Monday, February 23, 2009
I just finished reading The Hunger Games by Suzanne Collins and am already picturing which Hollywood starlet might be cast as Katniss, the novel's spunky heroine who must fight to the death in order to win the Capitol's annual Hunger Games. A Hollywood version of this action-packed Thunderdome for the under-18 set is inevitable, so I'll just have to hope that they get it right. The Hunger Games takes place in a future world, where Armageddon has essentially befallen the United States, and the Capitol is located somewhere west of the Rockies. The country has been divided into twelve districts, which at some point in the past rose up together in a revolt against the Capitol. The Capitol won, however, and as a punishment and warning to the Districts, it holds the Hunger Games, to which each District must send two "tributes." The tributes must fight to the death in order to win the Hunger Games, which are held in a specially-designed arena controlled by the Capitol's gamemakers, who can control the weather, introduce enraged mutant animals, and even hurl fireballs at contestants if things have gotten too calm for the viewing audience. Twisted, yes. Good? For sure! Katniss and Peeta are sent as the tributes from District 12, long known as the weakest and least successful district in Games history. They work together to try and survive, even though there can be only one true winner. The Hunger Games would appeal to anyone and everyone, I think because there it's got a little of everything: action, suspense, a teeny bit of gore, a pinch of romance, and plenty of twists to keep things interesting. I didn't love it, but I really liked it, so I'm giving The Hunger Games 3 out of 4 Bananas!
Friday, February 6, 2009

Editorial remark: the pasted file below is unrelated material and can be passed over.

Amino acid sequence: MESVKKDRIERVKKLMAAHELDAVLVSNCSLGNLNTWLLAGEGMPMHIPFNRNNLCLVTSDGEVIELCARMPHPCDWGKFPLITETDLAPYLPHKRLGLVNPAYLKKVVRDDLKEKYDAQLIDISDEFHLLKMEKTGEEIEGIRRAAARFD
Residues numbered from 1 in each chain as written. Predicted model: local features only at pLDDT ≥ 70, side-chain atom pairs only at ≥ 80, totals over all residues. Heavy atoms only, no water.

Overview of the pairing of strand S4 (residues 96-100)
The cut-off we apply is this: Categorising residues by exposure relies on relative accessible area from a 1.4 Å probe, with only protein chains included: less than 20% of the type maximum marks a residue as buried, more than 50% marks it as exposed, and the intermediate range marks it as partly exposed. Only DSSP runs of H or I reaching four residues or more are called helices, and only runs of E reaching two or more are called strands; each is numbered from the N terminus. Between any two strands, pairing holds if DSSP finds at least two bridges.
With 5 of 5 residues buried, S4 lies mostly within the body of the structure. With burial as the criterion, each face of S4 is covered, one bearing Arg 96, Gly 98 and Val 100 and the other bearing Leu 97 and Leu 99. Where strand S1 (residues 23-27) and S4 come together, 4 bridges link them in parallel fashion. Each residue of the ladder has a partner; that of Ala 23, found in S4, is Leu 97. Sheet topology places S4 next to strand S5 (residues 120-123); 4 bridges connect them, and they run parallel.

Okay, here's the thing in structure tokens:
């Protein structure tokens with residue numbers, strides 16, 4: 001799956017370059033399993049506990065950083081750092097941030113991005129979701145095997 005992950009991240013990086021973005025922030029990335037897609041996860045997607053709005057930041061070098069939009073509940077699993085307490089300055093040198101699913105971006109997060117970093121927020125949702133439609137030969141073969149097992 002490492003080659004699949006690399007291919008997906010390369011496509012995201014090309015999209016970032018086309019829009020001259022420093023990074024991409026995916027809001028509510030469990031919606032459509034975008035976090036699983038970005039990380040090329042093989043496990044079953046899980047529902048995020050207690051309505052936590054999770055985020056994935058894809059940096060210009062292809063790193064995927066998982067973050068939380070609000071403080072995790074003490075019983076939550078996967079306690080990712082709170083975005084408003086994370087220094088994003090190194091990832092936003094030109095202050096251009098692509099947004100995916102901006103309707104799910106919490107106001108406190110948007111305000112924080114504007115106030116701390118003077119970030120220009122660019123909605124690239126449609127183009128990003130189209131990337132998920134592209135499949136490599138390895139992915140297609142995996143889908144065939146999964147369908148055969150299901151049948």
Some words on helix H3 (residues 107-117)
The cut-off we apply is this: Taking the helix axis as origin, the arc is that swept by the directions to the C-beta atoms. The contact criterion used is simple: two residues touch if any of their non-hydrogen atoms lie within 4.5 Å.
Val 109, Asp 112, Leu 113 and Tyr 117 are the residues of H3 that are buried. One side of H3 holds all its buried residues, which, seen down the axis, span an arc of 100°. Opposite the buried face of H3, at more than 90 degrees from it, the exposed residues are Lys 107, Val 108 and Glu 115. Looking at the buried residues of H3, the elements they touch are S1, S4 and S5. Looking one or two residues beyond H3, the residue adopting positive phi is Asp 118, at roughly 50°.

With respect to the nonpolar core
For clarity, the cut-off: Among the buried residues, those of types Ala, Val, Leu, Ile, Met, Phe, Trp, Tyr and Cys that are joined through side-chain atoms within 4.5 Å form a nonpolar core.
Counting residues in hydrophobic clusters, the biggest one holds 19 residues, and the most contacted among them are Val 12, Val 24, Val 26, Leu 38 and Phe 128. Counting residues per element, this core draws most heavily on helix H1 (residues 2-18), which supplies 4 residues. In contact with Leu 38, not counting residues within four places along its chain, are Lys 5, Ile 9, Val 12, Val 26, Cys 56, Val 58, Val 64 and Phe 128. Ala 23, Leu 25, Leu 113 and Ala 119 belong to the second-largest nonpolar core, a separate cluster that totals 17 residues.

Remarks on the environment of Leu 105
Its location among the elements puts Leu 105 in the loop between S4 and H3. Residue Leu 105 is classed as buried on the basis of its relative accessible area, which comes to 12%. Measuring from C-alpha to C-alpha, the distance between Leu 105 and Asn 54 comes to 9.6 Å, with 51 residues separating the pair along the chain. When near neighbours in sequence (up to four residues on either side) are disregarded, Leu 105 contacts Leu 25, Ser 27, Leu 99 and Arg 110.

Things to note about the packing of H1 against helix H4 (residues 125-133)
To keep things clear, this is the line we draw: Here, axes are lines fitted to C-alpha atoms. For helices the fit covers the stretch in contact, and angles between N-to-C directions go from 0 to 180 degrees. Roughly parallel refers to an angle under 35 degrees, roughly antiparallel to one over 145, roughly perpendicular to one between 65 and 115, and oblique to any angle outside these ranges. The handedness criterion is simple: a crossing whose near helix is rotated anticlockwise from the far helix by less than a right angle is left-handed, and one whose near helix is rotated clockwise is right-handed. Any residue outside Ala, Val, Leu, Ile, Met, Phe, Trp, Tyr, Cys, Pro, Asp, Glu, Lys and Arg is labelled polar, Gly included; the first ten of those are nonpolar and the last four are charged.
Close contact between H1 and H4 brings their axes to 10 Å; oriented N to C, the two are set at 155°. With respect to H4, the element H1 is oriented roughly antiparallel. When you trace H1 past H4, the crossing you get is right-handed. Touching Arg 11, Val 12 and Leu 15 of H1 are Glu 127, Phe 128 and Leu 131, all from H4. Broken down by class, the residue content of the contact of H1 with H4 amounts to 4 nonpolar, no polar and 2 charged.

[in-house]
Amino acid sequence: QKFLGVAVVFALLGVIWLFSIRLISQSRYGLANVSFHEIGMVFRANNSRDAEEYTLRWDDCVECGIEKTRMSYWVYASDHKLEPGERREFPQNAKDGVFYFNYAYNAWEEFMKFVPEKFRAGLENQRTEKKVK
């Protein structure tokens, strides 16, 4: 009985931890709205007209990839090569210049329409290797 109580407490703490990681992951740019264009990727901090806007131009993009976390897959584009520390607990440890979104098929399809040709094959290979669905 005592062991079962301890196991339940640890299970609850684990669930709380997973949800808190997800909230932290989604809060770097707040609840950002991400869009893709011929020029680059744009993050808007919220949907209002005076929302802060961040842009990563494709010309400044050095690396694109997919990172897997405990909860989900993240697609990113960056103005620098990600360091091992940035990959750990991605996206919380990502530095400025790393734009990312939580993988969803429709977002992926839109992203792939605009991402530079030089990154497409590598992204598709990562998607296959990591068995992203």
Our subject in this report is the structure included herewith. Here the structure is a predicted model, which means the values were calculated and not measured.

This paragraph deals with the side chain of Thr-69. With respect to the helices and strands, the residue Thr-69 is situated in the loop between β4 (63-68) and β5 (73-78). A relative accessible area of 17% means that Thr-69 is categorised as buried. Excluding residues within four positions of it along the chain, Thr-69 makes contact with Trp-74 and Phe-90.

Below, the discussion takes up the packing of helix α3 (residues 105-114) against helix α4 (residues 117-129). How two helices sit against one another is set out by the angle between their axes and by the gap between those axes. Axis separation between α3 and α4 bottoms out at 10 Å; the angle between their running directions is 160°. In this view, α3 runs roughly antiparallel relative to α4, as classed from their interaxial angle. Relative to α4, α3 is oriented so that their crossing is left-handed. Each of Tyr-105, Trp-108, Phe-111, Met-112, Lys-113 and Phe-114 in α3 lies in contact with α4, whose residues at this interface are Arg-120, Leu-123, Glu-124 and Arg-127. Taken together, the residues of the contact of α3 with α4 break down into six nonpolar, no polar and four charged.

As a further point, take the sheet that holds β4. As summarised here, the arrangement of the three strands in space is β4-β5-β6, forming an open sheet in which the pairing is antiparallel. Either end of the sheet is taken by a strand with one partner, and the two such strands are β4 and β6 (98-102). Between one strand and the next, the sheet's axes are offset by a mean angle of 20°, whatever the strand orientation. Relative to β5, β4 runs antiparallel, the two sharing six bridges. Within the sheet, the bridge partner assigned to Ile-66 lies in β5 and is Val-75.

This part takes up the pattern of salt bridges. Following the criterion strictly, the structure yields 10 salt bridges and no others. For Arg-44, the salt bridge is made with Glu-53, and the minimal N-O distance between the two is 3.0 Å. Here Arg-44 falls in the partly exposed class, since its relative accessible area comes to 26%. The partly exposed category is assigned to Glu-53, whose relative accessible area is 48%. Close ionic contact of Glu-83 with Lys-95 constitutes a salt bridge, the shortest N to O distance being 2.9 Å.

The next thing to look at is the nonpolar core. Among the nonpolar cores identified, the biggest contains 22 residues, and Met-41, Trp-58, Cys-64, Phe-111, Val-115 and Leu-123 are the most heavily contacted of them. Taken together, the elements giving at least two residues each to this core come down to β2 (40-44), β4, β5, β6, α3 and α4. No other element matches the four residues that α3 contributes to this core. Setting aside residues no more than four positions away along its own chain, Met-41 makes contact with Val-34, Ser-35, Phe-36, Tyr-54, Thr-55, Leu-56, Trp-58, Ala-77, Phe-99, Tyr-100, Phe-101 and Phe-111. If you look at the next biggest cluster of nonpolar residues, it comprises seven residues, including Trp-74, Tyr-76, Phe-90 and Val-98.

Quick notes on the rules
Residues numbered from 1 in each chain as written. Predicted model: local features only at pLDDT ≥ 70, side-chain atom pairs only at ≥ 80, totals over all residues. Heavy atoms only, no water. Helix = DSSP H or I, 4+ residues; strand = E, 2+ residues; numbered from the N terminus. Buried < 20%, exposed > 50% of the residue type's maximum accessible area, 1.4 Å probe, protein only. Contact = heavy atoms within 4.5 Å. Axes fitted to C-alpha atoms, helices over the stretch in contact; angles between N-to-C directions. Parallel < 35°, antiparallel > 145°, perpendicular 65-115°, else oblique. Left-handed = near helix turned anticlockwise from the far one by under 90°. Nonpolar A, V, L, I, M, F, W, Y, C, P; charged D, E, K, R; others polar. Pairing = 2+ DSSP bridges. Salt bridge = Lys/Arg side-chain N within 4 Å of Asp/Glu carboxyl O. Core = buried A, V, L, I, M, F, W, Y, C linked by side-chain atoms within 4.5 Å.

On this year's Illinois Read for a Lifetime list, Riding the Bus With My Sister by Rachel Simon is an inspirational, heartfelt, and brutally honest look at the joys and the pain of one sister reconnecting with another. Rachel Simon is an academic who buries herself in her work and has little time for other people. Her sister, Beth, has mental retardation and spends most of her days riding the buses in Philadelphia, where she lives independently. Rachel and Beth's family has always agonized over Beth and the role that the family should play in her life. They want her to get a job and become a productive member of society, which is something it seems she could certainly do, that is, if that's what she wanted to do. Beth's greatest desire in life is independence to do what she wants, and what she wants to do is ride the buses. While riding, she befriends the drivers and counts on them as friends, confidantes, advisors and, in some cases, objects of affection. Her fixation with the buses and drivers exasperates and embarrasses her family, however, and Rachel finds it easiest to immerse herself in her own life in order to aviod having to visit Beth and be confronted with her lifestyle. The book begins with Rachel finally feeling guilty enough to pay a visit and ride the buses for an afternoon with Beth. By the end of the day, Rachel has agreed to ride the buses with Beth for a year. The rest of the book follows Rachel's journey with her sister, her burgeoning familiarity with the ins and outs of mental retardation, and her growing familiarity with and respect for the labrynth of issues surrounding care and support of people with disabilities. Riding the Bus With My Sister does not disappoint because it does not fall back on the trite notion that people with mental retardation are "God's true angels" (a sentiment which frustrates Rachel) or that they are sweet, happy people who, like children, have no adult hopes or desires. Also, at times Beth can be rude, obnoxious, and self-centered, which challenges Rachel to deal with her feelings of anger toward her sister. I recommend Riding the Bus With My Sister to all readers because of its honesty, its inspiring look at independence, and its examination of what unconditional love can really mean: 4 out of 4 Bananas!